The impact and effectiveness of these medical internships in countries with limited resources, however, are increasingly being called into question. Criticism has been levelled at the ethical challenges they pose, criticism which could well be extended to traditional “humanitarian missions”. Examples of this criticism include the asymmetry of power in partnerships, benefits that are not shared, lack of preparedness and leadership, the risk of unintended harm, and the lack of a regulatory framework of professional ethics(2)Ibid.; Nikki Bozinoff et al., “Toward reciprocity: host supervisor perspectives on international medical electives”, Medical education, 48(4), 2014, p.397-40.. To improve effectiveness and minimise these risks, an increasing number of institutions are introducing preparatory training programmes which address issues relating to culture, safety, ethics, travel medicine, language, mentoring, professionalism, emotional well-being and culture shock.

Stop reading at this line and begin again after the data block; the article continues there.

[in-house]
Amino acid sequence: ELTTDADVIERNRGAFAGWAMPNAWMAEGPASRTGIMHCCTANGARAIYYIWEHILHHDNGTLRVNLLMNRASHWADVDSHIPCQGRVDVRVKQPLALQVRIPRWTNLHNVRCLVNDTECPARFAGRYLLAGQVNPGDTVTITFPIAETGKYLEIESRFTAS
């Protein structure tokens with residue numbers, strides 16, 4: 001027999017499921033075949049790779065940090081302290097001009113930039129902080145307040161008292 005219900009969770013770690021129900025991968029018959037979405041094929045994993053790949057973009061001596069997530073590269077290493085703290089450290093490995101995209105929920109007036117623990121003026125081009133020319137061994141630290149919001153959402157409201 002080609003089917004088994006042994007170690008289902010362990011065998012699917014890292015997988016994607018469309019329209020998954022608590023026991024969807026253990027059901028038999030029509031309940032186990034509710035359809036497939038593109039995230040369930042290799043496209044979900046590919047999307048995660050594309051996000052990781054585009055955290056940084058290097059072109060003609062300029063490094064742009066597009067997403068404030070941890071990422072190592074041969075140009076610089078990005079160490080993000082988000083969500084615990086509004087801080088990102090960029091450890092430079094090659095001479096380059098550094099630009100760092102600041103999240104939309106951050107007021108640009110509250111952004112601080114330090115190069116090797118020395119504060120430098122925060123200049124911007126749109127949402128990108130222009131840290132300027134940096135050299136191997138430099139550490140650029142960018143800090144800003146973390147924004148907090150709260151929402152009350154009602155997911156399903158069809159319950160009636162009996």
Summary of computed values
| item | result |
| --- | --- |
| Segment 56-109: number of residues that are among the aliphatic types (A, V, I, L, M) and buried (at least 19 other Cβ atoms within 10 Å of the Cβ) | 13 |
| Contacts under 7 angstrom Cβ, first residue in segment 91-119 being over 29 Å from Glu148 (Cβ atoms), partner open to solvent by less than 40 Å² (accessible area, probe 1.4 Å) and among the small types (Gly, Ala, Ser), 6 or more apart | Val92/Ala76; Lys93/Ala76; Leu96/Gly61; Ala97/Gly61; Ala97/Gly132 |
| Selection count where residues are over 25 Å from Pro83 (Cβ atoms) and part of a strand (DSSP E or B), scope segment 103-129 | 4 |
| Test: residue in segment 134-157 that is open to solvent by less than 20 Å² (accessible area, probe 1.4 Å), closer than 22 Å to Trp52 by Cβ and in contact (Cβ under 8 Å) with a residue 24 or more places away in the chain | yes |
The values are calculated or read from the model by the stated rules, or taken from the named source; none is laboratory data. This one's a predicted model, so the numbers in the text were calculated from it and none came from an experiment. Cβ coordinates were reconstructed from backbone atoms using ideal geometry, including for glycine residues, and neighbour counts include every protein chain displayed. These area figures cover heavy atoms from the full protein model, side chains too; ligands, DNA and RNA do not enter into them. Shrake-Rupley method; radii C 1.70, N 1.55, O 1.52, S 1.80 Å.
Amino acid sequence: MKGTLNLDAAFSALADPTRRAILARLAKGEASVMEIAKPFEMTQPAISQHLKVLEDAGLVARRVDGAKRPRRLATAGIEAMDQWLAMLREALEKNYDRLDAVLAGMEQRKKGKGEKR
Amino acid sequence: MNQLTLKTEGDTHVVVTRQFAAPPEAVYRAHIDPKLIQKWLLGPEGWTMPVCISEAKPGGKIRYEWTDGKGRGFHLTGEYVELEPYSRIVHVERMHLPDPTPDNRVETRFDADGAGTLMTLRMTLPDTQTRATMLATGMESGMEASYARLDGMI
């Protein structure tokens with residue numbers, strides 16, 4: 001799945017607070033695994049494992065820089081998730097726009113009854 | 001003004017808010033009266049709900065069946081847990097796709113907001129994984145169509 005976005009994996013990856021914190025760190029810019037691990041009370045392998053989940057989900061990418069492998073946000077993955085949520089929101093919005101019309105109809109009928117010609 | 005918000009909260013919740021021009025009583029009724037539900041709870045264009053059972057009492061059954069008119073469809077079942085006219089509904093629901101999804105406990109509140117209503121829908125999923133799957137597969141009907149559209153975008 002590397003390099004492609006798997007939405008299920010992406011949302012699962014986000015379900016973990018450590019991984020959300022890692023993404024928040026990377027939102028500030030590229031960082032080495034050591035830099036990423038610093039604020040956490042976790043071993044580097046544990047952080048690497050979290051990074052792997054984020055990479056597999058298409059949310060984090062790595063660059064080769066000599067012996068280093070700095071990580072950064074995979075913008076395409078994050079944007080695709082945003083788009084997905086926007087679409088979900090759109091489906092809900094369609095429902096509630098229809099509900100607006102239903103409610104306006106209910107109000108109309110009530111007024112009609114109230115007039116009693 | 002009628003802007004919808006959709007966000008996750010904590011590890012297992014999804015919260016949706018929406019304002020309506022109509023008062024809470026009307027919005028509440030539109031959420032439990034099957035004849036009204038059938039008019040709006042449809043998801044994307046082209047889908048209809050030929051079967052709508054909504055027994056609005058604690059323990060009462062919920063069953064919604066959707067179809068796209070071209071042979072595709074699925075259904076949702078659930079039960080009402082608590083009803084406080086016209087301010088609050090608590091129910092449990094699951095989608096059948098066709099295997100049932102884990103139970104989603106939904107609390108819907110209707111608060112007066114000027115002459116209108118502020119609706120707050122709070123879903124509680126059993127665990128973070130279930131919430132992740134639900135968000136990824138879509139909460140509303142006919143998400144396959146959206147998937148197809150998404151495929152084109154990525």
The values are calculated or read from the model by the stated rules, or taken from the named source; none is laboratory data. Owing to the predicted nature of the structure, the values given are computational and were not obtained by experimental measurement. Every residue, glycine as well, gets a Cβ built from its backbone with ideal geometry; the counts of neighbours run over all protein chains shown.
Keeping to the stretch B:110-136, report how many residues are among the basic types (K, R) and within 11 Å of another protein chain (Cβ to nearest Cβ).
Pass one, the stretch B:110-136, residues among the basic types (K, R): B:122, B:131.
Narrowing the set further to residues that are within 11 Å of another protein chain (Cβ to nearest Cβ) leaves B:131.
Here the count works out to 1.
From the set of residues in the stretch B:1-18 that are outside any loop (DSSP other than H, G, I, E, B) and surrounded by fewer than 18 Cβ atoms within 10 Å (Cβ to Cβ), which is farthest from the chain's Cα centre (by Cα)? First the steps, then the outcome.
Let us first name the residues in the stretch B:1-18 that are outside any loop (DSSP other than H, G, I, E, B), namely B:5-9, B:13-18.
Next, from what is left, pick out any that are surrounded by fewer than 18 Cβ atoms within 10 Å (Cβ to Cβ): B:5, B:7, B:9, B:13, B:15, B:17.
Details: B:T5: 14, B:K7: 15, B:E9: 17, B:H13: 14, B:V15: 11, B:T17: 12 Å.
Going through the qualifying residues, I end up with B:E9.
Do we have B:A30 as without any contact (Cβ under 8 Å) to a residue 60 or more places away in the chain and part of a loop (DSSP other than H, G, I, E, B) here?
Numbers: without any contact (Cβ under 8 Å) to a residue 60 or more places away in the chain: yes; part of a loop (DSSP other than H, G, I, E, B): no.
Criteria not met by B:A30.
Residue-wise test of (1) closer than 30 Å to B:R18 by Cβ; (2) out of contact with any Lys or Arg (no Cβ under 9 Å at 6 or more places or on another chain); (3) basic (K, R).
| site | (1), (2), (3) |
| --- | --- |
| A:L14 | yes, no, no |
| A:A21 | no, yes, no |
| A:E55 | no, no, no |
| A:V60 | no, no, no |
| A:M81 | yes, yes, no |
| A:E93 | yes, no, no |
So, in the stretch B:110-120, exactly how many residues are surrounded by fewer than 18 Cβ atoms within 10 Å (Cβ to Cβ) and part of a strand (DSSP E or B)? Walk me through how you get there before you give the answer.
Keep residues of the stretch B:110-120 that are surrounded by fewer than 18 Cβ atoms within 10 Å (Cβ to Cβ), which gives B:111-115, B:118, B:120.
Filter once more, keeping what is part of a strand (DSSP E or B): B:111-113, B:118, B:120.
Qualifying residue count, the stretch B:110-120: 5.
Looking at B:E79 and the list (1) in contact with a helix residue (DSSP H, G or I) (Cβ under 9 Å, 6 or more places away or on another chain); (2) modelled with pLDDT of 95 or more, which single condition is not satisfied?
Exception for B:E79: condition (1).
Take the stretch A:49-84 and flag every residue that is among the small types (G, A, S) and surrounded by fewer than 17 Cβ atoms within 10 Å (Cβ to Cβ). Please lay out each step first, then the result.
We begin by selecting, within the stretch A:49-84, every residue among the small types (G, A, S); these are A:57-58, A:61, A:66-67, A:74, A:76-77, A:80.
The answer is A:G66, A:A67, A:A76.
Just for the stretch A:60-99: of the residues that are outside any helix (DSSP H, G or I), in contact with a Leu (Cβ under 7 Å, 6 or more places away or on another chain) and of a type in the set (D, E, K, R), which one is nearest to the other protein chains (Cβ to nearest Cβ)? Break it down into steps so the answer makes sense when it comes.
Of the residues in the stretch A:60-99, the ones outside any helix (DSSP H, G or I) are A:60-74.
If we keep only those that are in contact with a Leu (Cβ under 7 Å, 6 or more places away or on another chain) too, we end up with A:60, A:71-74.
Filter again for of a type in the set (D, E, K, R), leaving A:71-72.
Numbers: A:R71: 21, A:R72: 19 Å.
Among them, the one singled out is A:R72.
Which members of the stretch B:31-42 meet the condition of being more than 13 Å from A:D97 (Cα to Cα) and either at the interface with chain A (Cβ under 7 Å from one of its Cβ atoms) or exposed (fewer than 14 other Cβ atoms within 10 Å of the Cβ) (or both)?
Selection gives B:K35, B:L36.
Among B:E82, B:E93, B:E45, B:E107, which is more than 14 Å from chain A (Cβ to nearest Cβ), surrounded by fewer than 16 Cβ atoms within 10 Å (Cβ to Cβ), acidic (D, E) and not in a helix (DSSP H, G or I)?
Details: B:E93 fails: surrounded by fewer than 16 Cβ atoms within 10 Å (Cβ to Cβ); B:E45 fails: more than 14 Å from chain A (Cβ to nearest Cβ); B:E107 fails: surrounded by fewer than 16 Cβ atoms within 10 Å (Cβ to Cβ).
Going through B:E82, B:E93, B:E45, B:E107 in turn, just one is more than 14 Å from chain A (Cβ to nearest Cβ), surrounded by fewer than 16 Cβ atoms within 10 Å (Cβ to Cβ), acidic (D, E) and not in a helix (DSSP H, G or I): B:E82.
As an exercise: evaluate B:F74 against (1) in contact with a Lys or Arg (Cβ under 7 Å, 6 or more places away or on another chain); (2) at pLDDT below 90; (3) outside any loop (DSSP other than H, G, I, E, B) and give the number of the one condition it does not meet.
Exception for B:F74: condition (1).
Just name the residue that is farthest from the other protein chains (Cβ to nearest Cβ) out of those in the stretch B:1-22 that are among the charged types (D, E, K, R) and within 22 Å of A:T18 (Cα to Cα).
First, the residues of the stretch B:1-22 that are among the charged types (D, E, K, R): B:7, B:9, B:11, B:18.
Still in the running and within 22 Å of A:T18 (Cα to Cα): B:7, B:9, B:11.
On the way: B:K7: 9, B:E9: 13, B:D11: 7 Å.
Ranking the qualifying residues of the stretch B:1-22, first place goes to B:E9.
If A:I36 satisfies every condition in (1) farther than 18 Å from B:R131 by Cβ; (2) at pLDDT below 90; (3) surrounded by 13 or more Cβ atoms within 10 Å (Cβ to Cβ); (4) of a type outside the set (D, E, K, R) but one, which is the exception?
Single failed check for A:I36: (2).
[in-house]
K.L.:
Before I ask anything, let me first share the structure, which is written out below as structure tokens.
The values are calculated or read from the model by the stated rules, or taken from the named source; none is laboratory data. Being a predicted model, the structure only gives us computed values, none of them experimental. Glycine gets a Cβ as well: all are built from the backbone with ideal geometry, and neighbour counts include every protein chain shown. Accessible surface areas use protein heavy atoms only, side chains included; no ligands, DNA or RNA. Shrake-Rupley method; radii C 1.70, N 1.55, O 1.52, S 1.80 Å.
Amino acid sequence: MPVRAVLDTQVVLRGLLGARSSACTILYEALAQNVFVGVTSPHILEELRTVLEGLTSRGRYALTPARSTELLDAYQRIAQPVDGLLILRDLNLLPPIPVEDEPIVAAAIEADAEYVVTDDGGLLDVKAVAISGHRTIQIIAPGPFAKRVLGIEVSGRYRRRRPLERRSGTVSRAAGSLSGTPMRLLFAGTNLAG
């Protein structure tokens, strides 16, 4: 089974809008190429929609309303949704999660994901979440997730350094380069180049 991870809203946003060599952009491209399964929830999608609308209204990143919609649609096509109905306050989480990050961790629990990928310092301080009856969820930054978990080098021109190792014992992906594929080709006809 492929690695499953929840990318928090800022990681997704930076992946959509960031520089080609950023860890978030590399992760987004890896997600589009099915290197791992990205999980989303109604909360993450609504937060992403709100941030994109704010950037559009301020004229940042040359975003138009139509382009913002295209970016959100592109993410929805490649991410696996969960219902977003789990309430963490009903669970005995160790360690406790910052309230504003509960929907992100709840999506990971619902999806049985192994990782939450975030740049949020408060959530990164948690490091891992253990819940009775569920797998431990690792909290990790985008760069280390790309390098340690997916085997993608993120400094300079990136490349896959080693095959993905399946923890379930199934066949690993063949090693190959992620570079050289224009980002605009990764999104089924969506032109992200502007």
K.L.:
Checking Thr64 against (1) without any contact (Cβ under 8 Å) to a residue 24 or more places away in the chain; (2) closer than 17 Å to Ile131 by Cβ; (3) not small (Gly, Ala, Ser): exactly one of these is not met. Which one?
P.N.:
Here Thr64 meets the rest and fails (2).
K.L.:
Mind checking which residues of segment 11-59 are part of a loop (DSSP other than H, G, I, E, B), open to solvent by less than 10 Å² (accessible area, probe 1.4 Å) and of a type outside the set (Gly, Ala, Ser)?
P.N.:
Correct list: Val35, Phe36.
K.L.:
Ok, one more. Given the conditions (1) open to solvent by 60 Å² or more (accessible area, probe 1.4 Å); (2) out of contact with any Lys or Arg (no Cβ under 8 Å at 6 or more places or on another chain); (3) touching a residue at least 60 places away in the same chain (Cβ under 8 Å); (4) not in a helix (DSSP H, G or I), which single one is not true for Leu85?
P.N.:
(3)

Despite these programmes, trainees face ethical dilemmas relating to cultural differences, professional issues, limited resources and personal moral development(3)James D. Harrison et al., “What are the ethical issues facing global-health trainees working overseas? A multi-professional qualitative study”, Healthcare, 4(3):43, 13 July 2016, p.1-9.. Such situations can lead to frustration, anxiety or emotional trauma among the participants who are torn between the willingness to do good and the potential negative consequences of their actions(4)Laurie Elit et al., “Ethical issues encountered by medical students during international health electives”, Medical Education, 45, 2011, p.704-711; James Aluri et al., “The ethical experiences of trainees on short-term international trips: a systematic qualitative synthesis”, BMC Medical Education, 18, 324, 2018, p.1-15.. There is still not enough data, however, to understand how beneficiaries perceive these courses.

« Such situations can lead to frustration, anxiety or emotional trauma among the participants. »